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The Scarred Woman
By Jussi Adler-Olsen
I’ve now completed book seven in the Department Q series, it really speaks to the strength of Adler-Olsen’s characters that I’m still so invested in the series; I find all too often with a series that it will go stale over time, but these characters are continually refreshed, with background secrets still just around the next turn.
The best word that I can use to describe The Scarred Woman is ambitious. Not only has Adler-Olsen taken us into his most colorful character’s (Rose) past but he has included eight murders, and so many damaged characters that Carl is beginning to come across as a perfectly adjusted member of society. The dysfunctional family dynamics have been brought up to a whole new level. And he did all of this seamlessly, all of the action flowed perfectly from one set of crimes to the other.
What I love most about this series are the characters. The way that they are all so damaged by their pasts yet function so well together is simply amazing. They say that the truth is stranger than fiction, but this, my friend, is some pretty strange fiction. Where does he get the ideas for these crimes and these criminals? Does Adler-Olsen have some demented deviant locked-up in his cellar and manages to coerce his deepest, darkest schemes from him? If these stories are ripped from the Danish headlines, it must be one heck of a dangerous place.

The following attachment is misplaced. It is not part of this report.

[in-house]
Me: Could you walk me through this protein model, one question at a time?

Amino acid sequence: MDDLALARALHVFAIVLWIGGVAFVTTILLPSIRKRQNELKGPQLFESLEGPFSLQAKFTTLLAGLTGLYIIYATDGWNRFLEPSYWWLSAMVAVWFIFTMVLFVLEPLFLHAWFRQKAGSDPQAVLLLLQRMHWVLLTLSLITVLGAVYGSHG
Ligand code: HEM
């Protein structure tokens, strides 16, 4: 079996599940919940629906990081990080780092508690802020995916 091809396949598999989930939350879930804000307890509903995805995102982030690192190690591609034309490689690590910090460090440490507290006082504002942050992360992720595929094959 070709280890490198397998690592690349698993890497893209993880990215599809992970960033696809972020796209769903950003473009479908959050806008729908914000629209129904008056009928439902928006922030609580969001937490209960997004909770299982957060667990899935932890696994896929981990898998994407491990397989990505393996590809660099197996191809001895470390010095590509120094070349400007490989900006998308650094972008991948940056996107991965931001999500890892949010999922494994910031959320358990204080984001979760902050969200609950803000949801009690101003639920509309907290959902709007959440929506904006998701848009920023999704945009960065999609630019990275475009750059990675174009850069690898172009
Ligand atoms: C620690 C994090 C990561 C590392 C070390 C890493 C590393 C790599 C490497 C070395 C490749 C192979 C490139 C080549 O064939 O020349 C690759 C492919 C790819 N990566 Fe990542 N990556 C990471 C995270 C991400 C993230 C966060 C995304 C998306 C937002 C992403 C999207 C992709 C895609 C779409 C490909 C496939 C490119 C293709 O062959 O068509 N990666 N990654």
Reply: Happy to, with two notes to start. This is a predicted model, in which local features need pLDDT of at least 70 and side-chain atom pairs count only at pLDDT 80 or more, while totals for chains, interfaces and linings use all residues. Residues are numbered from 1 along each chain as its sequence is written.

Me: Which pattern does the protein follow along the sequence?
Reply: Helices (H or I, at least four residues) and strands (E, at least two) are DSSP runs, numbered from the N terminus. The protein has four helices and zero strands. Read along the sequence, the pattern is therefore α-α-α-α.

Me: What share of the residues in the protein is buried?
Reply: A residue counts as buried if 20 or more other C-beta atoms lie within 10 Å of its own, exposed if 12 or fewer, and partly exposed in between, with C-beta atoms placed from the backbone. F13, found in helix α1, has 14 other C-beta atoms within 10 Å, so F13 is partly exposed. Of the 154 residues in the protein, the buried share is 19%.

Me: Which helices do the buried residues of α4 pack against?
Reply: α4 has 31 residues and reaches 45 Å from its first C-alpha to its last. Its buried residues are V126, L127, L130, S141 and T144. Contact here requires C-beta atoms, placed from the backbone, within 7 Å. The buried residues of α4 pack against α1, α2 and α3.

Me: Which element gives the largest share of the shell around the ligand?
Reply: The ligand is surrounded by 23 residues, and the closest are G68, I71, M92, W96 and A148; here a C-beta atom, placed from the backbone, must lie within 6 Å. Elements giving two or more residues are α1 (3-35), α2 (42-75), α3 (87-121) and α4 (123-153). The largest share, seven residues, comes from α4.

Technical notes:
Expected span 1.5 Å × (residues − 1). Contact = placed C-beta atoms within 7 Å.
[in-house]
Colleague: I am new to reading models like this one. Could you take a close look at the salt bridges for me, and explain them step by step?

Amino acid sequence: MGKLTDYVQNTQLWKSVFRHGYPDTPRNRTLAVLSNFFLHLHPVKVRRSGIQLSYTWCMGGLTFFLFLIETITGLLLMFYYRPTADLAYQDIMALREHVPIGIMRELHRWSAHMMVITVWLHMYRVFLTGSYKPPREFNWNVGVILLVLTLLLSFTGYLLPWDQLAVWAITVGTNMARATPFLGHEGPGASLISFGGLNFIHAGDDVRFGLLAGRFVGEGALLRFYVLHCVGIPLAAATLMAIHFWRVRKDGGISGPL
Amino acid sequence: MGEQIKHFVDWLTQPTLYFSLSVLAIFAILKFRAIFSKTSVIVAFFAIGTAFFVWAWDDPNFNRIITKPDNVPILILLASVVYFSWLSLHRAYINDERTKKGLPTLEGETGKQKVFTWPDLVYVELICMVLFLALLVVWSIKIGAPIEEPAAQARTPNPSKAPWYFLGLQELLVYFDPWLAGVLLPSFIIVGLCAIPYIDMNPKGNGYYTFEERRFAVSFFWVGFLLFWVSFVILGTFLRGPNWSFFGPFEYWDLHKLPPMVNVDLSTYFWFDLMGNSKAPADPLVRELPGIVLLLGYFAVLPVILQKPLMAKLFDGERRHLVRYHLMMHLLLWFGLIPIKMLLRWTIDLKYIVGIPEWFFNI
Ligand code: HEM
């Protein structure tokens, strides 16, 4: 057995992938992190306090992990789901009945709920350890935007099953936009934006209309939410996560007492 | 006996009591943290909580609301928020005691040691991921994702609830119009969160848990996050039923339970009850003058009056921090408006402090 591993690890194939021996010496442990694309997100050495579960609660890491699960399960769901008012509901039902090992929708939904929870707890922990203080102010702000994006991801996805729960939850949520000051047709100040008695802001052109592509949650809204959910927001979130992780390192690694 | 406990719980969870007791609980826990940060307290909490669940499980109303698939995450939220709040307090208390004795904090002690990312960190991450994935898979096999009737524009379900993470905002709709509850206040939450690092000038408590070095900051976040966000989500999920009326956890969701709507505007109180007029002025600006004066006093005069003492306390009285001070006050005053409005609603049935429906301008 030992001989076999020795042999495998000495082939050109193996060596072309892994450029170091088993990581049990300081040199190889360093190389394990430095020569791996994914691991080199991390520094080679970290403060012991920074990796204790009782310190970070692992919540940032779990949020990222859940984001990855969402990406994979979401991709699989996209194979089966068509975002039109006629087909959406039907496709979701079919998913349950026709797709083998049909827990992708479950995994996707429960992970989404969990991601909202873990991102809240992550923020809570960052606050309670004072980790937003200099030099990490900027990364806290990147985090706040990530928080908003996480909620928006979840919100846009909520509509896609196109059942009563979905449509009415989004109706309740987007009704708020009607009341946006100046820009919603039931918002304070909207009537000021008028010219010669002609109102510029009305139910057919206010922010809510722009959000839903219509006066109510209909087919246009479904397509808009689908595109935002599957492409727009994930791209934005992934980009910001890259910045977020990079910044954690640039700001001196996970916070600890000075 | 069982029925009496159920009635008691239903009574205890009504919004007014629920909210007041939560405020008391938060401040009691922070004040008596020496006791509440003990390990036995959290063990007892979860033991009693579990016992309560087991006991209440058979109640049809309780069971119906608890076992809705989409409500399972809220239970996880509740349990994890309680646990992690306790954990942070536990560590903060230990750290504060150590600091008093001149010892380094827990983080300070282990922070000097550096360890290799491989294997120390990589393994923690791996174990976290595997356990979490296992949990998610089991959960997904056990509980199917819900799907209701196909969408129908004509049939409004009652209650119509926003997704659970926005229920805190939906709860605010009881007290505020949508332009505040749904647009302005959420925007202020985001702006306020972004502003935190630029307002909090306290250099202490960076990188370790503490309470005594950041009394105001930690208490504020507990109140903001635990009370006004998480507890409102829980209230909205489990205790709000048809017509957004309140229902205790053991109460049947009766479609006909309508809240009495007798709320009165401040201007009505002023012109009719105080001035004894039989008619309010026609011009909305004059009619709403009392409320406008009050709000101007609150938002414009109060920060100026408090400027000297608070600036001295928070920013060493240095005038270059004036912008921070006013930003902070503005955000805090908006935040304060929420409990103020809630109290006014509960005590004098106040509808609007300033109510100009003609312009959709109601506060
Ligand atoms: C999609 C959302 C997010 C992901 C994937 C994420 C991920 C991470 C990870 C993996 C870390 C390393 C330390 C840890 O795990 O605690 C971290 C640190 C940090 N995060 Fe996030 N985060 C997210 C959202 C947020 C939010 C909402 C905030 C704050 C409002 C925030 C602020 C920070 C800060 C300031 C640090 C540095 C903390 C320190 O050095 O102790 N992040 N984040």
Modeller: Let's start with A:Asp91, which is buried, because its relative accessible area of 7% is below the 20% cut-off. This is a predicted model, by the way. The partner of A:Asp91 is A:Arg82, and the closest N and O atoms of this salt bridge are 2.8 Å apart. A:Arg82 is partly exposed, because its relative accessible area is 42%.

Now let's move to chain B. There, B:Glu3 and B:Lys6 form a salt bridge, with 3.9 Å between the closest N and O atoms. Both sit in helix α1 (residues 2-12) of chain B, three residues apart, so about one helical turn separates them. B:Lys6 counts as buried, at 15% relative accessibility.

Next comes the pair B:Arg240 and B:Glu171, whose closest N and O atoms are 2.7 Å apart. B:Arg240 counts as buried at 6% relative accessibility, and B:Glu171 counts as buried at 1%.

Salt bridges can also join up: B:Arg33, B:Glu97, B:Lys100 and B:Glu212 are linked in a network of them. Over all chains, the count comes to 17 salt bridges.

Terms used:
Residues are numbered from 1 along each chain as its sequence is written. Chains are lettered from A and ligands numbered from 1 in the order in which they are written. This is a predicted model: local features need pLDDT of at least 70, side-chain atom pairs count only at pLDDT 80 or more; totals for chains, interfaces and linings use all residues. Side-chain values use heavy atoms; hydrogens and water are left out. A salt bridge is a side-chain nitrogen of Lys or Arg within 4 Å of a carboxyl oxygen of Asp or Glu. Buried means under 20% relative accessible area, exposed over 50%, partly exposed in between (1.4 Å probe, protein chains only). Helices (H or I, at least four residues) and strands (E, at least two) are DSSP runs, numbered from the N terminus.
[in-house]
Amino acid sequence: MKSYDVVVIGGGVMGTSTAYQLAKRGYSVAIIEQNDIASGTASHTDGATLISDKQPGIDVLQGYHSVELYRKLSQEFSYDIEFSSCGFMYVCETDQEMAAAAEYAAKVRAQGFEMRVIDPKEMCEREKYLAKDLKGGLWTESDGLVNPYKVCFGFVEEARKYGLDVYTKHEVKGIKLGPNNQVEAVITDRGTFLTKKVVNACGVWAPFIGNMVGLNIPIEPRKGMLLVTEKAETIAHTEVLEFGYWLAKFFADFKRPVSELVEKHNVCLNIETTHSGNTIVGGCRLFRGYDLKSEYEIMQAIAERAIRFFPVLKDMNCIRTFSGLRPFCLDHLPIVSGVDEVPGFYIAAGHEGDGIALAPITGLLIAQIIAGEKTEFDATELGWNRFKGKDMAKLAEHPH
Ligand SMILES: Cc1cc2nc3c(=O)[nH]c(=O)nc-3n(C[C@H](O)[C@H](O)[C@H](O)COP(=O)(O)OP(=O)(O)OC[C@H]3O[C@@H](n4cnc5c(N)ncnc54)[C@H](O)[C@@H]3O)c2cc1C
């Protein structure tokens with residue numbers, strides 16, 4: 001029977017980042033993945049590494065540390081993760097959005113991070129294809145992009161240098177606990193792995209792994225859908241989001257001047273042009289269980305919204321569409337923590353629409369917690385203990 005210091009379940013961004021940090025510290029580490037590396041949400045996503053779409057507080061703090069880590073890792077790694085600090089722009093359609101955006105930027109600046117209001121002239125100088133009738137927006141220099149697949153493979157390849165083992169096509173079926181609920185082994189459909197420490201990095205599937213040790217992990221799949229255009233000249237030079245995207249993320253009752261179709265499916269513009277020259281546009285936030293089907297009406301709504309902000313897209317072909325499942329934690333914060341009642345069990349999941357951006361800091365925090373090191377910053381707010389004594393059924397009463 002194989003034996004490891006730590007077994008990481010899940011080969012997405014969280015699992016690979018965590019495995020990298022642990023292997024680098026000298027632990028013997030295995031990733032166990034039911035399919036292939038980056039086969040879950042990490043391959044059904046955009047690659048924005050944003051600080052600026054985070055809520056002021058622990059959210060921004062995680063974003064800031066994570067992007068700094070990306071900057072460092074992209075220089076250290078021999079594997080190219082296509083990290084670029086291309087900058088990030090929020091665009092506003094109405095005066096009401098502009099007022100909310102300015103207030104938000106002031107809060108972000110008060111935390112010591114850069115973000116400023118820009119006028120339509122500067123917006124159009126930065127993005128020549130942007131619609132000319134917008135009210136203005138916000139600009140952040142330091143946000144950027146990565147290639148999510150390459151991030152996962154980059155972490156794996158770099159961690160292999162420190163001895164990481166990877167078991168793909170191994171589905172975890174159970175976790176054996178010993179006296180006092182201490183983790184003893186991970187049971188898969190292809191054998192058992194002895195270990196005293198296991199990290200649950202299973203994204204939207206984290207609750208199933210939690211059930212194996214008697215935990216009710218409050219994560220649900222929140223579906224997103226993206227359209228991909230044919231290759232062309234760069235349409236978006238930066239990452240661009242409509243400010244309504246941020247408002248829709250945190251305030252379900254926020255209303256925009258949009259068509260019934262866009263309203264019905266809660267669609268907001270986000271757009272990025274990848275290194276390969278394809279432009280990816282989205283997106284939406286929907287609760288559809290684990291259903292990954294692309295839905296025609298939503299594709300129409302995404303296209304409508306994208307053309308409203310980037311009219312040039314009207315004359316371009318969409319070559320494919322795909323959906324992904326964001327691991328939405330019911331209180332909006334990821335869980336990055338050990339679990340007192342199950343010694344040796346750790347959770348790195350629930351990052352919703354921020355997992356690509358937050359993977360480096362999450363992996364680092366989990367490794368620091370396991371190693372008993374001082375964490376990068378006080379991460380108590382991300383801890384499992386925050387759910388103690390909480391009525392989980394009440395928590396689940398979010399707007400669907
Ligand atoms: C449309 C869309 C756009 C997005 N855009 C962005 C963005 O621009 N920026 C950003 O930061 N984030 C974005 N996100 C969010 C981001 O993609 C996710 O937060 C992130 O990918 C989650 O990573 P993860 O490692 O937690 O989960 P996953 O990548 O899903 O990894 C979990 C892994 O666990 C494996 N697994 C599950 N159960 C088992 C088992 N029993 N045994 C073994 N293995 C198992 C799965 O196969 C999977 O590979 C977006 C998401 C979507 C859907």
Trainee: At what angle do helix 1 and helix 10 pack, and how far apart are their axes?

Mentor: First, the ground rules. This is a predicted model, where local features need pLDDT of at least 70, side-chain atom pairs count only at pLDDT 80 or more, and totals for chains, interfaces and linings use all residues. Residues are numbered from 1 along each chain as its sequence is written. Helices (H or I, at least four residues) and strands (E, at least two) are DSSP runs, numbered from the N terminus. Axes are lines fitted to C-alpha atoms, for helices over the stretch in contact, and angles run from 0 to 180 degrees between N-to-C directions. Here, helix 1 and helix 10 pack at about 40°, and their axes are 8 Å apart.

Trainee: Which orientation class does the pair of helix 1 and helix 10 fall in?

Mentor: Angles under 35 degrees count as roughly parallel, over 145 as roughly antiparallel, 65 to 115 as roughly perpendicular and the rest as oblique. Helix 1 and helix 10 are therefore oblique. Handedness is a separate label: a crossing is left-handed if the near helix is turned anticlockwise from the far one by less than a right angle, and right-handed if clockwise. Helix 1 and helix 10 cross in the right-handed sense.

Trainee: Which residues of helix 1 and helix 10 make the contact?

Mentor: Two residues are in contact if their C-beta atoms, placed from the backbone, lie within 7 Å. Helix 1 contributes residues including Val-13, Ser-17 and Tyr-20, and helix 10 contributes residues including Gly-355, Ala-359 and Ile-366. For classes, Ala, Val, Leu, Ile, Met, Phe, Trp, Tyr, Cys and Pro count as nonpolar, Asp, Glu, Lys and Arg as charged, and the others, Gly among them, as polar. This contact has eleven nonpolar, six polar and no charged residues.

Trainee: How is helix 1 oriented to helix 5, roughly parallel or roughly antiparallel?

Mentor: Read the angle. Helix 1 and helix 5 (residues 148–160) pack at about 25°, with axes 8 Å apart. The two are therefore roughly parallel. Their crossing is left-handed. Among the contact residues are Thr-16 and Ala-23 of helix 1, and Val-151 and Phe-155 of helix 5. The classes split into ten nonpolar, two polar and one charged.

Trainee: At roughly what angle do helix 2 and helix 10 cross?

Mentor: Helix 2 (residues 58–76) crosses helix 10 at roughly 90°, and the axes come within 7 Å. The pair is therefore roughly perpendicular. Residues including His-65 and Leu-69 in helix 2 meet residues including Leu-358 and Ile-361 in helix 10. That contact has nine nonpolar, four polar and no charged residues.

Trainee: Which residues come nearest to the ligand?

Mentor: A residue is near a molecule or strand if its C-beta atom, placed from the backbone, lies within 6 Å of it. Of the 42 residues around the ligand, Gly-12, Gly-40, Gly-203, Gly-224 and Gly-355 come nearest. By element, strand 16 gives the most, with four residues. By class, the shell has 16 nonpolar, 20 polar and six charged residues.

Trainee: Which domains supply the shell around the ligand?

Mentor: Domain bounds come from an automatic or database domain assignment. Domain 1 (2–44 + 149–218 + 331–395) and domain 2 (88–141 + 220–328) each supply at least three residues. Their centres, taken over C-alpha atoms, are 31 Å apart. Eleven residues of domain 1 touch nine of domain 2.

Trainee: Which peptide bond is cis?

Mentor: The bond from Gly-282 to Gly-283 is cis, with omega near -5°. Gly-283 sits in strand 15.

The best part of finishing The Scarred Woman is knowing that there is more to come. The next book in the series, Victim 2117, promises to delve into Assad’s story. This is one character whose mystery has been building for a long time now. And who knows, could we eventually see some resolution to Carl’s damaged soul?